Alcohol Consumption and Binge Drinking Among U.S.–Mexico Border and Non-Border Mexican Americans
Article first published online: 21 OCT 2011
Copyright © 2011 by the Research Society on Alcoholism
Alcoholism: Clinical and Experimental Research
Volume 36, Issue 4, pages 677–685, April 2012
How to Cite
Caetano, R., Mills, B. and Vaeth, P. A. C. (2012), Alcohol Consumption and Binge Drinking Among U.S.–Mexico Border and Non-Border Mexican Americans. Alcoholism: Clinical and Experimental Research, 36: 677–685. doi: 10.1111/j.1530-0277.2011.01652.x
- Issue published online: 27 MAR 2012
- Article first published online: 21 OCT 2011
- Received for publication June 7, 2011; accepted August 18, 2011.
- Mexican Americans;
- U.S.–Mexico Border;
- Alcohol Consumption;
- Binge Drinking
Background: This paper examines differences in drinking and binge drinking between Mexican Americans living along the U.S.–Mexico border and those living in 2 metropolitan areas away from the border (Houston, Texas and Los Angeles, California).
Methods: Respondents in the non-border area (Houston and Los Angeles) constitute a multistage probability sample (N = 1,288), who were interviewed as part of the 2006 Hispanic Americans Baseline Alcohol Survey (HABLAS). Respondents in the border area (N = 1,307) constitute a household probability sample of Mexican Americans living on the U.S.–Mexico border. In both surveys, data were collected during computer-assisted interviews conducted in respondents’ homes. The HABLAS and the border sample response rates were 76 and 67%, respectively.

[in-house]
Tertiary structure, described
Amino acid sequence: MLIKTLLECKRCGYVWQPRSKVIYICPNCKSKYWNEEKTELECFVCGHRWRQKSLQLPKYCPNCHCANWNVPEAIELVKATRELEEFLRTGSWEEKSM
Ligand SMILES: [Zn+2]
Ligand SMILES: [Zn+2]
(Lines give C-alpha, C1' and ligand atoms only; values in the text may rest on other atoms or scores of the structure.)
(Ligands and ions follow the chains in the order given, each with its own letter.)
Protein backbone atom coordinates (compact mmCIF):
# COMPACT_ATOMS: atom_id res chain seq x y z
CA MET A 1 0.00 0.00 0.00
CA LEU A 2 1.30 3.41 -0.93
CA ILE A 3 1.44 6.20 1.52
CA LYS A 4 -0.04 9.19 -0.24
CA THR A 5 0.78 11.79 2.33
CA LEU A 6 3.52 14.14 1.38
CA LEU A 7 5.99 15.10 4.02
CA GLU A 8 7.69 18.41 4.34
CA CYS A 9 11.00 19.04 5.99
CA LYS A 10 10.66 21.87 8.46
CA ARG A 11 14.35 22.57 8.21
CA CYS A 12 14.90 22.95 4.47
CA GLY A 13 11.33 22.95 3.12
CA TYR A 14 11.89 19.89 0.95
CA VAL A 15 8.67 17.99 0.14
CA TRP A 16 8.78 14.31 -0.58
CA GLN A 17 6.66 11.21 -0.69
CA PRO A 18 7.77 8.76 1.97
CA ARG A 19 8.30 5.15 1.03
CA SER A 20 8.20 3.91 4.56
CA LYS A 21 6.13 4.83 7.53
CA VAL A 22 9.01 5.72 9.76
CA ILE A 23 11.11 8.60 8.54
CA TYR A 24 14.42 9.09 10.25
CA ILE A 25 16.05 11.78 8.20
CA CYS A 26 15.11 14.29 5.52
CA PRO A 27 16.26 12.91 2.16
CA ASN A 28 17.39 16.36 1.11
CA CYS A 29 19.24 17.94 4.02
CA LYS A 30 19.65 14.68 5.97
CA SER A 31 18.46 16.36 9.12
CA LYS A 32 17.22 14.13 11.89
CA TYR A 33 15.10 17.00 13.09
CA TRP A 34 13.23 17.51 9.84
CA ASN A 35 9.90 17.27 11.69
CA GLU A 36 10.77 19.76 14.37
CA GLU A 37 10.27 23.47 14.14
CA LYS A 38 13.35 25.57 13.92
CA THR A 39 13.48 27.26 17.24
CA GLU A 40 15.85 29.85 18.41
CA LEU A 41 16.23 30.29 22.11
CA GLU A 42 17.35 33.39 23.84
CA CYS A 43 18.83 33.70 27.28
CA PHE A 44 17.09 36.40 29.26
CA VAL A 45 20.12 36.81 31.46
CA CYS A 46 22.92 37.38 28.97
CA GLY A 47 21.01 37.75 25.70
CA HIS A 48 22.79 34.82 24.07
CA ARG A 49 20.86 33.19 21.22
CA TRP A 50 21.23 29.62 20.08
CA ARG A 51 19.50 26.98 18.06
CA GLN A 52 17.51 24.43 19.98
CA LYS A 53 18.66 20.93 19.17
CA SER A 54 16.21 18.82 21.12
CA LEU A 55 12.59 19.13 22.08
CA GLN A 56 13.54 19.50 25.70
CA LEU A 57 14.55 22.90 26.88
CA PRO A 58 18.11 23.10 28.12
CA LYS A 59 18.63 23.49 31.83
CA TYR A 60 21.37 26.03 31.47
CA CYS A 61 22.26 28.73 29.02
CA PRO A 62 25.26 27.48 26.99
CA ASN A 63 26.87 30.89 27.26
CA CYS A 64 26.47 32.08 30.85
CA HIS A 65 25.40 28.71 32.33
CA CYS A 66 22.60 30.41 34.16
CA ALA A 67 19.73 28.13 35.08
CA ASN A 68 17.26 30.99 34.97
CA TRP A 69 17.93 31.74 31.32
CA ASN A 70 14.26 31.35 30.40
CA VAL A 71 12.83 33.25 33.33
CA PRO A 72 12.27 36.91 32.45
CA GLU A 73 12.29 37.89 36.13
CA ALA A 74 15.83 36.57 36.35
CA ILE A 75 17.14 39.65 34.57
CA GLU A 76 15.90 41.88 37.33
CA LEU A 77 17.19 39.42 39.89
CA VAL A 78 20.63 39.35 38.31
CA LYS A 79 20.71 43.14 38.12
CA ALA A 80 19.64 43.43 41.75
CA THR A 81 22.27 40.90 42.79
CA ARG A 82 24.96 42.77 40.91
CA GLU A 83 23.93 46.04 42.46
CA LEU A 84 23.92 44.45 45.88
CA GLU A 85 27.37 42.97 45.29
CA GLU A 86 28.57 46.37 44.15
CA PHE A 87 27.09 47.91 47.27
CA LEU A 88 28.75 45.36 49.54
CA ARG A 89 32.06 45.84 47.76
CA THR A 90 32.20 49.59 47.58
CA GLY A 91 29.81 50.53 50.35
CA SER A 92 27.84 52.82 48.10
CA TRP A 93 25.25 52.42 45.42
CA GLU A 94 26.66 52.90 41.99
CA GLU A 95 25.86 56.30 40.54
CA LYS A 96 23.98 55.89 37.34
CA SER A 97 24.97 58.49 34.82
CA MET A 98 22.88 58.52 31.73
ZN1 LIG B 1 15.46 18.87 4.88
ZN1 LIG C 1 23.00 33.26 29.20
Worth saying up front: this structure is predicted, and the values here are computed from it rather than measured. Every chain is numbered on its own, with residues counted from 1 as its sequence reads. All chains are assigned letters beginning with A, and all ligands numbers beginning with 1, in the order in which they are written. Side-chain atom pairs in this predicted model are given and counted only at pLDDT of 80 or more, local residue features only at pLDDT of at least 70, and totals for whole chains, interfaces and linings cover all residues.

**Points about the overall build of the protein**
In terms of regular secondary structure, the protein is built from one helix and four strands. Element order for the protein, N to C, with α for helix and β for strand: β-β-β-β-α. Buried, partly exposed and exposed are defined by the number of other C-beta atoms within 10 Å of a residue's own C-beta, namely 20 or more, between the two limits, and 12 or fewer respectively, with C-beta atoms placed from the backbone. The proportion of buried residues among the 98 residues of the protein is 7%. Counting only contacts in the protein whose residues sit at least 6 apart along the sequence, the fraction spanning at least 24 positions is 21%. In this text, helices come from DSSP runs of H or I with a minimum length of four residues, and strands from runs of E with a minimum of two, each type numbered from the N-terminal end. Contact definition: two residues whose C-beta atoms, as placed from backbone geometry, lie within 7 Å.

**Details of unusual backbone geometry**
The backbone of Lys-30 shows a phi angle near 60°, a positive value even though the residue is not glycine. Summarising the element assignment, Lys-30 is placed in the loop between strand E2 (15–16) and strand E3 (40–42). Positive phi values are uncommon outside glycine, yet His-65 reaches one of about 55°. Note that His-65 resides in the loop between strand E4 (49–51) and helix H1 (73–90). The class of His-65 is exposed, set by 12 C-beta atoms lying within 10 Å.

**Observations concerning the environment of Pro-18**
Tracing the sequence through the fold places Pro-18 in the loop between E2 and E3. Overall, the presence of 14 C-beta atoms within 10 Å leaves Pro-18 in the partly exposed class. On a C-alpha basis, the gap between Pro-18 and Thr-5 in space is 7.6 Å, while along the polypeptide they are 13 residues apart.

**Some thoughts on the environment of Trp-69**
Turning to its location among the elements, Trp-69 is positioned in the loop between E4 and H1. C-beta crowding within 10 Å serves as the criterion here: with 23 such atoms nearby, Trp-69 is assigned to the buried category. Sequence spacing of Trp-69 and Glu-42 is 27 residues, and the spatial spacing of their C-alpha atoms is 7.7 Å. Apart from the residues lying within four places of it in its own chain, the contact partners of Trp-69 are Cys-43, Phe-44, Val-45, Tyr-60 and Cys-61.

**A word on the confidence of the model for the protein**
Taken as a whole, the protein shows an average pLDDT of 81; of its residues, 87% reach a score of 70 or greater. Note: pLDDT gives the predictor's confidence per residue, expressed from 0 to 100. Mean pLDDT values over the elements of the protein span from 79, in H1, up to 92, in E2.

Results: There were no differences between border and non-border Mexican American men in the proportion of drinkers, the proportion who binge drink at least once a year, and volume of alcohol consumption. However, within each location, there were significant differences in drinking by age, indicating that younger men drank more than men who were older. Border women showed significant differences across age-groups in the proportion of drinkers, in binge drinking, and volume of alcohol consumption, which were not seen among non-border women.
Conclusions: Women’s drinking seems to be more affected than men’s by their residence on or off the U.S.–Mexico border. This is seen most clearly among young women 18 to 29 years old, and it is associated with an increased proportion of drinkers, a higher volume of drinking, and an increased proportion of women who report binge drinking. Increased drinking in this group of younger women seems to be associated with drinking in Mexico.